Political and social reform

Rutgers Special Collections and University Archives (SC/UA) holds many collections that address political and social reform in the 19th and 20th centuries. For the Civil Rights Movement see African American History; for the Women's suffrage movement see Women's History.

Left: Demonstration against General Rafael Trujillo in front of the Dominican Consulate in New York, 1958 (source: Frances Grant Papers)


New Jersey was the last of the Northern states to abolish slavery, when it passed the Act for the Gradual Abolition of Slavery in 1804. Rutgers Special Collections holds records of two prominent abolitionists. For records documenting slavery in New Jersey see the topic "African American History." 

For information about African Americans preceding and during the Civil War see Struggle Without End: New Jersey and the Civil War Digital Exhibition

John Woolman (1720–1772)

John Woolman of Mount Holly was one of the first Quakers to take a stand against slavery. He also opposed the French and Indian War, urged Quakers not to pay taxes, and advocated the humane treatment of animals. As well as copies of his published writings, Rutgers holds a handwritten manuscript by Woolman in the library.

William Still (1821–1902)

Born in New Jersey, William Still became a leading abolitionist and a conductor on the Underground Railroad. His experiences are recounted in The Underground Railroad (1876), which can be found in the library. Rutgers also holds the correspondence of his much older brother Peter Still, who, born a slave in 1801, raised money to purchase his freedom and that of his wife and children.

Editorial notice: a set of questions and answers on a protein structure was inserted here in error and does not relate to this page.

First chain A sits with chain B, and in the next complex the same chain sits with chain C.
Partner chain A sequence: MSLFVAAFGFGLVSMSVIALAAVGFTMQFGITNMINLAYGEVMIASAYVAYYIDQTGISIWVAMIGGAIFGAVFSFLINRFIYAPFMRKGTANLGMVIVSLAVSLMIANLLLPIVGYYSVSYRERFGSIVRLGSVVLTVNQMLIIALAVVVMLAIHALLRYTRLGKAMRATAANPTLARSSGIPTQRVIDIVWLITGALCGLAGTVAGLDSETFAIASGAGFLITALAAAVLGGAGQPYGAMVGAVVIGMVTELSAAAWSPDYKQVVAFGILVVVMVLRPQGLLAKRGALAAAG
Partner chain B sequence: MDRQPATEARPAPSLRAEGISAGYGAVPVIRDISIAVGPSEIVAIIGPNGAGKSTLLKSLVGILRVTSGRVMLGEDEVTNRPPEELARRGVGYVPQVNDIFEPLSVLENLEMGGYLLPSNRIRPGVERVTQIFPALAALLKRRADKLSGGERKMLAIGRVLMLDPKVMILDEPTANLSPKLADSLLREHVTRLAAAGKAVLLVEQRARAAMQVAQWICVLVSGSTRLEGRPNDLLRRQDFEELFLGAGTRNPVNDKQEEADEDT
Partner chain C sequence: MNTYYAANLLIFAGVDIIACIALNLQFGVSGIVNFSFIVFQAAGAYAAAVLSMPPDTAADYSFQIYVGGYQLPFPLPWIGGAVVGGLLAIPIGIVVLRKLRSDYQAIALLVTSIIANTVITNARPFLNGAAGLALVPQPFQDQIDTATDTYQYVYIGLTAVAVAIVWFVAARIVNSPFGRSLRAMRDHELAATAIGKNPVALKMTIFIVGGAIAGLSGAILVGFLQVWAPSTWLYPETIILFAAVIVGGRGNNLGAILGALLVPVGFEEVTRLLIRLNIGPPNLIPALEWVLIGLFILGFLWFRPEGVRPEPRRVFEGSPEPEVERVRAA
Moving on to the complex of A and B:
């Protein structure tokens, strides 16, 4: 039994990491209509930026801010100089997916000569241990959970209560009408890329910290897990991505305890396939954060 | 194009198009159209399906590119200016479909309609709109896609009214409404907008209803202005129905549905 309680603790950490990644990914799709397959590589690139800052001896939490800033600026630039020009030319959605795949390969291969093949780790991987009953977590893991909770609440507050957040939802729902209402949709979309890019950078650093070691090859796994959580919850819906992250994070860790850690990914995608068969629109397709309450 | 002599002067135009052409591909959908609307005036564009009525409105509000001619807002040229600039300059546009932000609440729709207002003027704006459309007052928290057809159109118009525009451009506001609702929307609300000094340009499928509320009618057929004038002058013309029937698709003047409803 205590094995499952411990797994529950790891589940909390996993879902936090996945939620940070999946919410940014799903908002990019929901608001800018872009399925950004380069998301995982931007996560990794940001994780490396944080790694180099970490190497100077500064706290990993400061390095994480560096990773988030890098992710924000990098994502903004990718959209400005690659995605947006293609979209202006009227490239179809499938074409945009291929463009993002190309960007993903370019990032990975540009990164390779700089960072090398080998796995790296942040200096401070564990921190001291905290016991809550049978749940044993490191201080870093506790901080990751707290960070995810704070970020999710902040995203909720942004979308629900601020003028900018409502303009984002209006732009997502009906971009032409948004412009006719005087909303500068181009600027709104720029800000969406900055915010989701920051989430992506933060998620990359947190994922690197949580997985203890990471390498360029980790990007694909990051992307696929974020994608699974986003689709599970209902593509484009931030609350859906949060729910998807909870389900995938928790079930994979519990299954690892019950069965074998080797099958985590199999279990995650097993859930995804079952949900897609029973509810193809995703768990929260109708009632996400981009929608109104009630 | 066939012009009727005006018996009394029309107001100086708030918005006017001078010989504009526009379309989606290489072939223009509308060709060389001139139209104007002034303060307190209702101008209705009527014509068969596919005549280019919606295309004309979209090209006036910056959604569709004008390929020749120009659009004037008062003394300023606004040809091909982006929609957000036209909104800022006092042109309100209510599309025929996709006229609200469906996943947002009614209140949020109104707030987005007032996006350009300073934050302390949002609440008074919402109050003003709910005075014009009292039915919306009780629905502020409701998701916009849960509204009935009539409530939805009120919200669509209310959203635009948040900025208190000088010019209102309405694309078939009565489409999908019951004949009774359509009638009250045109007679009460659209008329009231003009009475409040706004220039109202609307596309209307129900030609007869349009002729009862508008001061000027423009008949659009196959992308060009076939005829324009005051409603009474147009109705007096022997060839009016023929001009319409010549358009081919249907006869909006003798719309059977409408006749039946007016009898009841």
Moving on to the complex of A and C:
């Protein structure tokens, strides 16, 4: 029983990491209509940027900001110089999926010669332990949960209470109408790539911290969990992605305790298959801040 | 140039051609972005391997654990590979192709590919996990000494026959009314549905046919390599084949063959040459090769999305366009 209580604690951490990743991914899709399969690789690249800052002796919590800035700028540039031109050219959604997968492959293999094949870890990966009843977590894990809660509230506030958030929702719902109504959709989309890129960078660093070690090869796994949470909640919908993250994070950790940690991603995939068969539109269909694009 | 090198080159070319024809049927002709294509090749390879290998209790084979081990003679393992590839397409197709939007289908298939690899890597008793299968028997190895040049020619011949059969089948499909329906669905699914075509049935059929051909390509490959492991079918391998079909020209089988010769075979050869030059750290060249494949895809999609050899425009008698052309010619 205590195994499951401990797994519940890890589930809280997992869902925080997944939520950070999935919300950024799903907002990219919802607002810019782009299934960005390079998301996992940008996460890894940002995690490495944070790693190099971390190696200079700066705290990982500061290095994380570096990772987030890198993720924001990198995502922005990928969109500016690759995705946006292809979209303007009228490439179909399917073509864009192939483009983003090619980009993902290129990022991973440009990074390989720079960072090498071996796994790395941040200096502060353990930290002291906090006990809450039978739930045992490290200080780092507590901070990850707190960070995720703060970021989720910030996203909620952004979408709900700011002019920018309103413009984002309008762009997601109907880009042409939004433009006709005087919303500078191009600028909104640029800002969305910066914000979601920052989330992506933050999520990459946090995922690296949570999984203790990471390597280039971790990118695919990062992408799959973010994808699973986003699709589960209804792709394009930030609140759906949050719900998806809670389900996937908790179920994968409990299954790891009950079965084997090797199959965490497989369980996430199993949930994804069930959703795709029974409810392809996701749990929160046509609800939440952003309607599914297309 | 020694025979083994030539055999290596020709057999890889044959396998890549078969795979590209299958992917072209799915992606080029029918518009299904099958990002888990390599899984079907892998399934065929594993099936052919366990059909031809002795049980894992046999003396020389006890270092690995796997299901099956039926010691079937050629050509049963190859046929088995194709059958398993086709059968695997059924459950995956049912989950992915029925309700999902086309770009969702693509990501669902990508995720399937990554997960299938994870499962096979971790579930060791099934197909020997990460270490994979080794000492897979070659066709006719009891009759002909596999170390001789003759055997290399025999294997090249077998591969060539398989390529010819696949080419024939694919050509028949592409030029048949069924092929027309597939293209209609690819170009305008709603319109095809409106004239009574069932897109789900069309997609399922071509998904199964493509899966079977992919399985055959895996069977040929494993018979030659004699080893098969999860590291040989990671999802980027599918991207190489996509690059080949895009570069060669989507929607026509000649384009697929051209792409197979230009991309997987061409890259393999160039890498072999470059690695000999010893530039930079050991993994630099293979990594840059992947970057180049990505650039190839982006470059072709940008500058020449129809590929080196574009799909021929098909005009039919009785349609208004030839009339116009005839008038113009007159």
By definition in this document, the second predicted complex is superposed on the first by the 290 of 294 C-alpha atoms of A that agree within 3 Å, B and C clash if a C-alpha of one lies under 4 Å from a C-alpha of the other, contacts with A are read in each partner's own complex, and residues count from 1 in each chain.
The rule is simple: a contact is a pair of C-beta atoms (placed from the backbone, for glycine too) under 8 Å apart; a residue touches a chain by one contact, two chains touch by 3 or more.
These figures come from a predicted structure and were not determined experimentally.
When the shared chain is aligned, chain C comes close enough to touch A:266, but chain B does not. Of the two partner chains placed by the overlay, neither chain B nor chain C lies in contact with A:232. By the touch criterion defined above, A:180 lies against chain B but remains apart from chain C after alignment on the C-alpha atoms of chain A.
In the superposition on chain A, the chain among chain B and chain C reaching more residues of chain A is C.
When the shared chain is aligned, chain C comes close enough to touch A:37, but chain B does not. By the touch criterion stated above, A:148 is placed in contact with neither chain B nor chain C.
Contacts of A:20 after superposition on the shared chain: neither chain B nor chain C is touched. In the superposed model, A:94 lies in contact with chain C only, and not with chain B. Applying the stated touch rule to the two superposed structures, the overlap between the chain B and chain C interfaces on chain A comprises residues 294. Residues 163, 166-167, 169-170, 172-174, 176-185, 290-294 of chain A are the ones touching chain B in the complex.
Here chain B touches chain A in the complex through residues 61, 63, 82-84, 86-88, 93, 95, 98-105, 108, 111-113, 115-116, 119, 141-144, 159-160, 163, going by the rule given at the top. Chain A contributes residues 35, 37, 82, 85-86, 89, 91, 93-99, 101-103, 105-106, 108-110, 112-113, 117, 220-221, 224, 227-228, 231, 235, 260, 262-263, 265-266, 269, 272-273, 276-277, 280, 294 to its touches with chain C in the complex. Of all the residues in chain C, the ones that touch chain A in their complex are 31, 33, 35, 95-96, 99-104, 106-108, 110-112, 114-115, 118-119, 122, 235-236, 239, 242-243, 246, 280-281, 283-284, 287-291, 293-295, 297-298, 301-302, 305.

In the early twentieth century, people unhappy with the urban, industrial environment and the inequities of capitalism undertook various experiments in alternative modes of living. They asked questions about the value of private property and the drawbacks of government control over education, and tested the viability of new cooperative modes of living and working. SC/UA holds the records of several of these communities,

Free Acres Association, Berkeley Heights and Watching, NJ

The Free Acres Association in Berkeley Heights and Watchung, New Jersey, was founded in 1910 by Bolton Hall (1854-1938), a New York attorney, real estate developer, writer, and social reformer, based on the principles of Henry George. Begun as an isolated, single tax community, it was at first a summer colony with active communal institutions, but later evolved into a distinctive suburban development with shared services, property restrictions and lands held in common.

  • Finding aid: available online. N.B. The collection is stored offsite. Advance notice is required to consult these records.

Modern School, Stelton, New Jersey (1912-1971)

Rutgers holds the records of the Modern School in Piscataway, New Jersey, a democratic school where students kept their own hours, chose what to study, and governed themselves. An integral part of an anarchist community situated near Stelton, New Jersey, the Modern School provided an alternative education (encouraging students' creativity and self-reliance) based on the principles of Spaniard Francisco Ferrer.